Biotechnologies in pest wasp control: taking the sting out of pest management for Māori businesses?

S. Palmer and O. R. Mercier,  New Genetics and Society,  2020.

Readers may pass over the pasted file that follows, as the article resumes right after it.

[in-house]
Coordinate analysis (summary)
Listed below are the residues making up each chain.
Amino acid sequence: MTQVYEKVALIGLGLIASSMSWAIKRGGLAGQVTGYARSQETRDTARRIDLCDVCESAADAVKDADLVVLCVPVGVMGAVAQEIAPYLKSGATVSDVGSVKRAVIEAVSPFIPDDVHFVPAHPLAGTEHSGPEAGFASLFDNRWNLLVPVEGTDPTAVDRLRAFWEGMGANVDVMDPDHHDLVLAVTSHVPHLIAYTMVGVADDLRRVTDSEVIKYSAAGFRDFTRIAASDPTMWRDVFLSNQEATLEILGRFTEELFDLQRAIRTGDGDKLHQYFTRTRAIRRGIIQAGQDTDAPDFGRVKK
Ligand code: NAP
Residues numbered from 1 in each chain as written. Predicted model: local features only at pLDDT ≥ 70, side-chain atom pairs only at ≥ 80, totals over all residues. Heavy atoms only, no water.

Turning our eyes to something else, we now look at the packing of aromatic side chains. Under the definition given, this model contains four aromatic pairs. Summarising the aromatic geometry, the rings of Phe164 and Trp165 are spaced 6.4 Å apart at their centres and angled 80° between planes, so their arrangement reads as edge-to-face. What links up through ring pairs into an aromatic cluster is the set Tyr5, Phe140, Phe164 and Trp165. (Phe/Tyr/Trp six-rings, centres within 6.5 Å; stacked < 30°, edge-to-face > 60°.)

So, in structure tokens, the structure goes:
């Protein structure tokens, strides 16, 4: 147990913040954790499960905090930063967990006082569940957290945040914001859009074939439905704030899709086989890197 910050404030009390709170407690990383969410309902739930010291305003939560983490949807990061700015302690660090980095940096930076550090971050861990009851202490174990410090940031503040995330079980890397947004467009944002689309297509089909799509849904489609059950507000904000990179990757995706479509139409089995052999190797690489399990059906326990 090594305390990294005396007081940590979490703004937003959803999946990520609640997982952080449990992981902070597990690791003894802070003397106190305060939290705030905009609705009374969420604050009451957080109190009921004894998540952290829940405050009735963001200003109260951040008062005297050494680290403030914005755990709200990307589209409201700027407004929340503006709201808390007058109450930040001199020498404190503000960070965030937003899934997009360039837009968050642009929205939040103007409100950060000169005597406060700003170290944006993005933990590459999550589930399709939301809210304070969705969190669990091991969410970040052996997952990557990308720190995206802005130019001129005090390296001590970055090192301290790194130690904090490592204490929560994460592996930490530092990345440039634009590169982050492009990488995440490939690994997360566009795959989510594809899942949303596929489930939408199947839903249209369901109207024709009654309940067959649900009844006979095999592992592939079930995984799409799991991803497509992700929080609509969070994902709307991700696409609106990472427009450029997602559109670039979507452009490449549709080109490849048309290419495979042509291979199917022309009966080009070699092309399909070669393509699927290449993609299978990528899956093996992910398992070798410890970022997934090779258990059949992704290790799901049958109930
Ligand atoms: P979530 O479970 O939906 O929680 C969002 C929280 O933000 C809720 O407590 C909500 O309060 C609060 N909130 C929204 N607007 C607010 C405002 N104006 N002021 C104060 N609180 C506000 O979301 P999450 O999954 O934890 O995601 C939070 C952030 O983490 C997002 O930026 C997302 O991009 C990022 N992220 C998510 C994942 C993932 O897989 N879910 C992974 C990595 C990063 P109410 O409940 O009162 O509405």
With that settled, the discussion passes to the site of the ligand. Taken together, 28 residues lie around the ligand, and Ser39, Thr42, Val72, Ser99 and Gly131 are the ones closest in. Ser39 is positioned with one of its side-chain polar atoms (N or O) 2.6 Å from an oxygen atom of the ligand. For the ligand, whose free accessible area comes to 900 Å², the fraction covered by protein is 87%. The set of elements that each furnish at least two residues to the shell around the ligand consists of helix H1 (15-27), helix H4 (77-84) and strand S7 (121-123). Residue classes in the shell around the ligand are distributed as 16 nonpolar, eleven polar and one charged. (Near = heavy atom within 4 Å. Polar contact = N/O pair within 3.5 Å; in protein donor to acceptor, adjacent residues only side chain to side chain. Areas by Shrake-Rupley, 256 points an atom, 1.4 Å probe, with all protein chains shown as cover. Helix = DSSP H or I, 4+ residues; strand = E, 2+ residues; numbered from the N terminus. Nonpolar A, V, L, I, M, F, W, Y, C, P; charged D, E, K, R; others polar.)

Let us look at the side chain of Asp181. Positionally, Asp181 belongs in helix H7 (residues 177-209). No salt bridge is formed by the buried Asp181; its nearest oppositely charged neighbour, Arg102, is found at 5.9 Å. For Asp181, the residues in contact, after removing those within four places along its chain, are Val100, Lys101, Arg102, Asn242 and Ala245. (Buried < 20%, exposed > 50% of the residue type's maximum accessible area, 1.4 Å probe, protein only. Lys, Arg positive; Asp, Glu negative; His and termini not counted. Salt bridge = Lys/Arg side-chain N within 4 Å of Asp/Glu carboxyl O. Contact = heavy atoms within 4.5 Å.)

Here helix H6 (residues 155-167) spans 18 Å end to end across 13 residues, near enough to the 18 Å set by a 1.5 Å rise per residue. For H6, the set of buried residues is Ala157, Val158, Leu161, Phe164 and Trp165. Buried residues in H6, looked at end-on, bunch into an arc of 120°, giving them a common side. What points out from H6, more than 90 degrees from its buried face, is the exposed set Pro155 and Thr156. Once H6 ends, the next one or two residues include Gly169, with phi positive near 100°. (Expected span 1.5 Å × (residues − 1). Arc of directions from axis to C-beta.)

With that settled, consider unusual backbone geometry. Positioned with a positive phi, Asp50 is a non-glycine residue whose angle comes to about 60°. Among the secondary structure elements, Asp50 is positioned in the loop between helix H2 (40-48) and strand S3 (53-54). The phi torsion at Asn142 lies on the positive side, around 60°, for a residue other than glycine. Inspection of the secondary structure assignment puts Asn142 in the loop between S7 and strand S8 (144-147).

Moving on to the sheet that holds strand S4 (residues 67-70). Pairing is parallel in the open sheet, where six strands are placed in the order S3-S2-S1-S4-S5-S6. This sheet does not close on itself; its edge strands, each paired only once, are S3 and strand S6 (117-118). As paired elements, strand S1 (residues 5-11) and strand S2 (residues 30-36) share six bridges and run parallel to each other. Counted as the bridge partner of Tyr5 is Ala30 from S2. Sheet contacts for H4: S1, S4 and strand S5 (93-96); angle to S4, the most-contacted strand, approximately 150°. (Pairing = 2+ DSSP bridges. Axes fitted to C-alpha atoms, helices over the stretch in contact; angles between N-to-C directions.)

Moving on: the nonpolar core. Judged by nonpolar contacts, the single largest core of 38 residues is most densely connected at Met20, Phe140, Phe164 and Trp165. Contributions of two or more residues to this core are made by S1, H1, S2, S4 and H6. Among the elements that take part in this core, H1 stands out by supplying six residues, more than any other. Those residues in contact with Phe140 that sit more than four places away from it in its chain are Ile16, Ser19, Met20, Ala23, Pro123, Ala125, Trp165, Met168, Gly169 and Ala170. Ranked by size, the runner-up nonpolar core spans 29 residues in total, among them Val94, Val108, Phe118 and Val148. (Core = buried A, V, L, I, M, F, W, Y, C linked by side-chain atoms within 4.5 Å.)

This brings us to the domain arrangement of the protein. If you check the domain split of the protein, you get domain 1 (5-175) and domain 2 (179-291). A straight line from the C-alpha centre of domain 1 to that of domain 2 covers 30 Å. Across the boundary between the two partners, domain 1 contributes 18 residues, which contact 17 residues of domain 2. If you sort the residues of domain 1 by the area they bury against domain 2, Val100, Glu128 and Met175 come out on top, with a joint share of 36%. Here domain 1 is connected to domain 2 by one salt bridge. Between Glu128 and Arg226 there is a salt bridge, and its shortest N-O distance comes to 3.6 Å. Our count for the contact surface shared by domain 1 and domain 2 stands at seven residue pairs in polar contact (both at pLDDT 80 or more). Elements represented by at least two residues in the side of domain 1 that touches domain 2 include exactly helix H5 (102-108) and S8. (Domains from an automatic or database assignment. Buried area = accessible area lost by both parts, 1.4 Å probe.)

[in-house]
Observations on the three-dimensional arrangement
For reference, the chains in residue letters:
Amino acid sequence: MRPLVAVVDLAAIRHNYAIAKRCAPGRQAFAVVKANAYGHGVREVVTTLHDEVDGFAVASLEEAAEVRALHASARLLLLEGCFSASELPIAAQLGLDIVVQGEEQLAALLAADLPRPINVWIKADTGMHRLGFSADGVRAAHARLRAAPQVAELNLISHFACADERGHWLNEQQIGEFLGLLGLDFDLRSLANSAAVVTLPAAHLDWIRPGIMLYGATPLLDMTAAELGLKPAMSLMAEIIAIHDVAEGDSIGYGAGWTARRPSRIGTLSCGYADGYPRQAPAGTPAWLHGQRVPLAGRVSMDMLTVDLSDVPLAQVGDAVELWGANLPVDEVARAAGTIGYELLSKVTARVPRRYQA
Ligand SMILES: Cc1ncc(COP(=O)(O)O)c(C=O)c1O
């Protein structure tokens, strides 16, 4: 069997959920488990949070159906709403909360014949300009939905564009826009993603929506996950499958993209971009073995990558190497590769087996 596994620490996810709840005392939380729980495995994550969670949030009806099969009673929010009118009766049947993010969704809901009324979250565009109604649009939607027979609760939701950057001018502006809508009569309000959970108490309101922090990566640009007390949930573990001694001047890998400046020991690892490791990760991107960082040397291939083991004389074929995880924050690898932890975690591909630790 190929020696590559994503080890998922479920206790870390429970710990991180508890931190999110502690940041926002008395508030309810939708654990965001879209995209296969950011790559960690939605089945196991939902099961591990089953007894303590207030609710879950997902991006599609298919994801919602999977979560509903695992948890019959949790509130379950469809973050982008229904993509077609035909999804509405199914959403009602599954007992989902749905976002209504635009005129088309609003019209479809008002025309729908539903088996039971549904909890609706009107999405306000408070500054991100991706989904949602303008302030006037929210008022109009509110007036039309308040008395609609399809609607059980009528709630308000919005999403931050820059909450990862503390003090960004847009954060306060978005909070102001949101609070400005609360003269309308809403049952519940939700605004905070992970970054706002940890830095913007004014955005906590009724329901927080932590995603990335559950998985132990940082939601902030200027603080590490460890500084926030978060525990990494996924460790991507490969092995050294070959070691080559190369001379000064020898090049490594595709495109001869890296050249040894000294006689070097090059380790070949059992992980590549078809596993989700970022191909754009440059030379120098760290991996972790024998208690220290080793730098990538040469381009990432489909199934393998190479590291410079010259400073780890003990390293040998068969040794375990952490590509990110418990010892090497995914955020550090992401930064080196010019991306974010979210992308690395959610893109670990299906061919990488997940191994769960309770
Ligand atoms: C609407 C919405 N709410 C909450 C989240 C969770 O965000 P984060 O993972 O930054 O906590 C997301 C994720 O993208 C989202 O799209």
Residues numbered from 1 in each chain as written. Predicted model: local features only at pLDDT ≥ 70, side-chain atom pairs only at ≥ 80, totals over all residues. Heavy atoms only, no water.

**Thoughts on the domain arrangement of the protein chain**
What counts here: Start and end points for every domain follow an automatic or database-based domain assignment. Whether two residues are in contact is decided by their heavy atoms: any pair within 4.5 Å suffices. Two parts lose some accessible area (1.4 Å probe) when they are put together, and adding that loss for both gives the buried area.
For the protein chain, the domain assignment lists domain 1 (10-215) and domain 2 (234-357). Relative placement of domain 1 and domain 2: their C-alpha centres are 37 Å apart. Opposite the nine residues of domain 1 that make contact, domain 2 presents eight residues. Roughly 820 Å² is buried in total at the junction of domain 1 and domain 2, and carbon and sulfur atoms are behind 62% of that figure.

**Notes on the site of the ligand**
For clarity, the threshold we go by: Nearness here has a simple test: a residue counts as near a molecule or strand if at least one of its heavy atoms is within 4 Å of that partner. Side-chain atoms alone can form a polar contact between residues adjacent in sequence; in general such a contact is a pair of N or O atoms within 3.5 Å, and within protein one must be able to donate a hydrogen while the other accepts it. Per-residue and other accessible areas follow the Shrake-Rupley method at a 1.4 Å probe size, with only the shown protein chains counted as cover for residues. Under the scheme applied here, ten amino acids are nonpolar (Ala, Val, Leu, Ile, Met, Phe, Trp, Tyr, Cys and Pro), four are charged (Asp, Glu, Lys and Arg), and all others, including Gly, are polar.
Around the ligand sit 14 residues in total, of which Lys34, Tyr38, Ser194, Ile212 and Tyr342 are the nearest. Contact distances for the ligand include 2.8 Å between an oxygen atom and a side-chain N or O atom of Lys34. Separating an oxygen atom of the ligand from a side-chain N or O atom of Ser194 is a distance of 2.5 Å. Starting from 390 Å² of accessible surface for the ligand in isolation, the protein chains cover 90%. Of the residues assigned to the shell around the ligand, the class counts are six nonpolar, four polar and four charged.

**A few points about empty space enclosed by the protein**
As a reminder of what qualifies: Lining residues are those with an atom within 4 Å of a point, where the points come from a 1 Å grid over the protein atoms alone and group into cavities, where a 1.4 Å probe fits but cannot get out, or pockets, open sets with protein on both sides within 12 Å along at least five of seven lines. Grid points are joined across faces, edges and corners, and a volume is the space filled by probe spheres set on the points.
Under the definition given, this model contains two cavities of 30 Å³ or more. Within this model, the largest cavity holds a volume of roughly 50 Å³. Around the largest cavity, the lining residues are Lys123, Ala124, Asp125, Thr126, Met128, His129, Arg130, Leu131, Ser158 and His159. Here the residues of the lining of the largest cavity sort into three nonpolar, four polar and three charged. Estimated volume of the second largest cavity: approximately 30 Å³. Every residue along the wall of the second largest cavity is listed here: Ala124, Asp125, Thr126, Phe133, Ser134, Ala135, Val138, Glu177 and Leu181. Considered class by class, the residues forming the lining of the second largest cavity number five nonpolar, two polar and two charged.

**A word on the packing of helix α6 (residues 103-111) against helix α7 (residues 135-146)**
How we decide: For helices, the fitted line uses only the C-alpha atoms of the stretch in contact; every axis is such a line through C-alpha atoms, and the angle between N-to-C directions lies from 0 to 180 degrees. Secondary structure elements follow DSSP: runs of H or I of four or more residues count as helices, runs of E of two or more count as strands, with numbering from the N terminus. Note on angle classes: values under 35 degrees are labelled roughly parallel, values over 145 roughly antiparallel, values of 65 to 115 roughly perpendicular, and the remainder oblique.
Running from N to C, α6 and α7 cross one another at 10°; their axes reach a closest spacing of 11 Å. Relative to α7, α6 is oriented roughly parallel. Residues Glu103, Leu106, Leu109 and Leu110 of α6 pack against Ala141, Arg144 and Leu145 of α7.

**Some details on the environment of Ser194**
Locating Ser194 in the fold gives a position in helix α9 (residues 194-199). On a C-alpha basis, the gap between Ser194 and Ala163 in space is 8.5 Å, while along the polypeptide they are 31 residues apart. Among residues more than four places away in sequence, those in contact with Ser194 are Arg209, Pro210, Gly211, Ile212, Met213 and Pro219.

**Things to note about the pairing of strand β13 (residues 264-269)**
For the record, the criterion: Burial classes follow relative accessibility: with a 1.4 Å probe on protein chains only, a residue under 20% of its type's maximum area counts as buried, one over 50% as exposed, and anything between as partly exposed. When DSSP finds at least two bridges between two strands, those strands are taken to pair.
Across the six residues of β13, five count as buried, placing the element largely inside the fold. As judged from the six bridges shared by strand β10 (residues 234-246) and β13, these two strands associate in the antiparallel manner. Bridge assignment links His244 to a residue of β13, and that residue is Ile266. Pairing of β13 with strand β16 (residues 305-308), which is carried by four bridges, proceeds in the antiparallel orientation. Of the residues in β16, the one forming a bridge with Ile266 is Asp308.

In Aotearoa New Zealand, the government?s ambitious target of becoming ?predator-free? by 2050 has reignited public discussion on biotechnologies. The disproportionate abundance of German and common wasps in New Zealand disrupts native biodiversity and costs $133 million annually to the economy, making exotic wasps an expedient trial pest species for novel biotechnological controls. Maori businesses occupy primary industries said to benefit from wasp control. A Maori-centered mixed-method study gauged the perceptions of eight Maori businesses about the potential use of five specific new biotechnological controls in pest management. Participants raised concerns about risk and side effects; called for further information and a reconfiguring of how information is presented; reflected on previous pest challenges; and took positions in reference to Maori customary concepts. While all agree that doing nothing is not an option, careful, informed deliberation is required on whether and how best to move forward with these new biotechnological controls.

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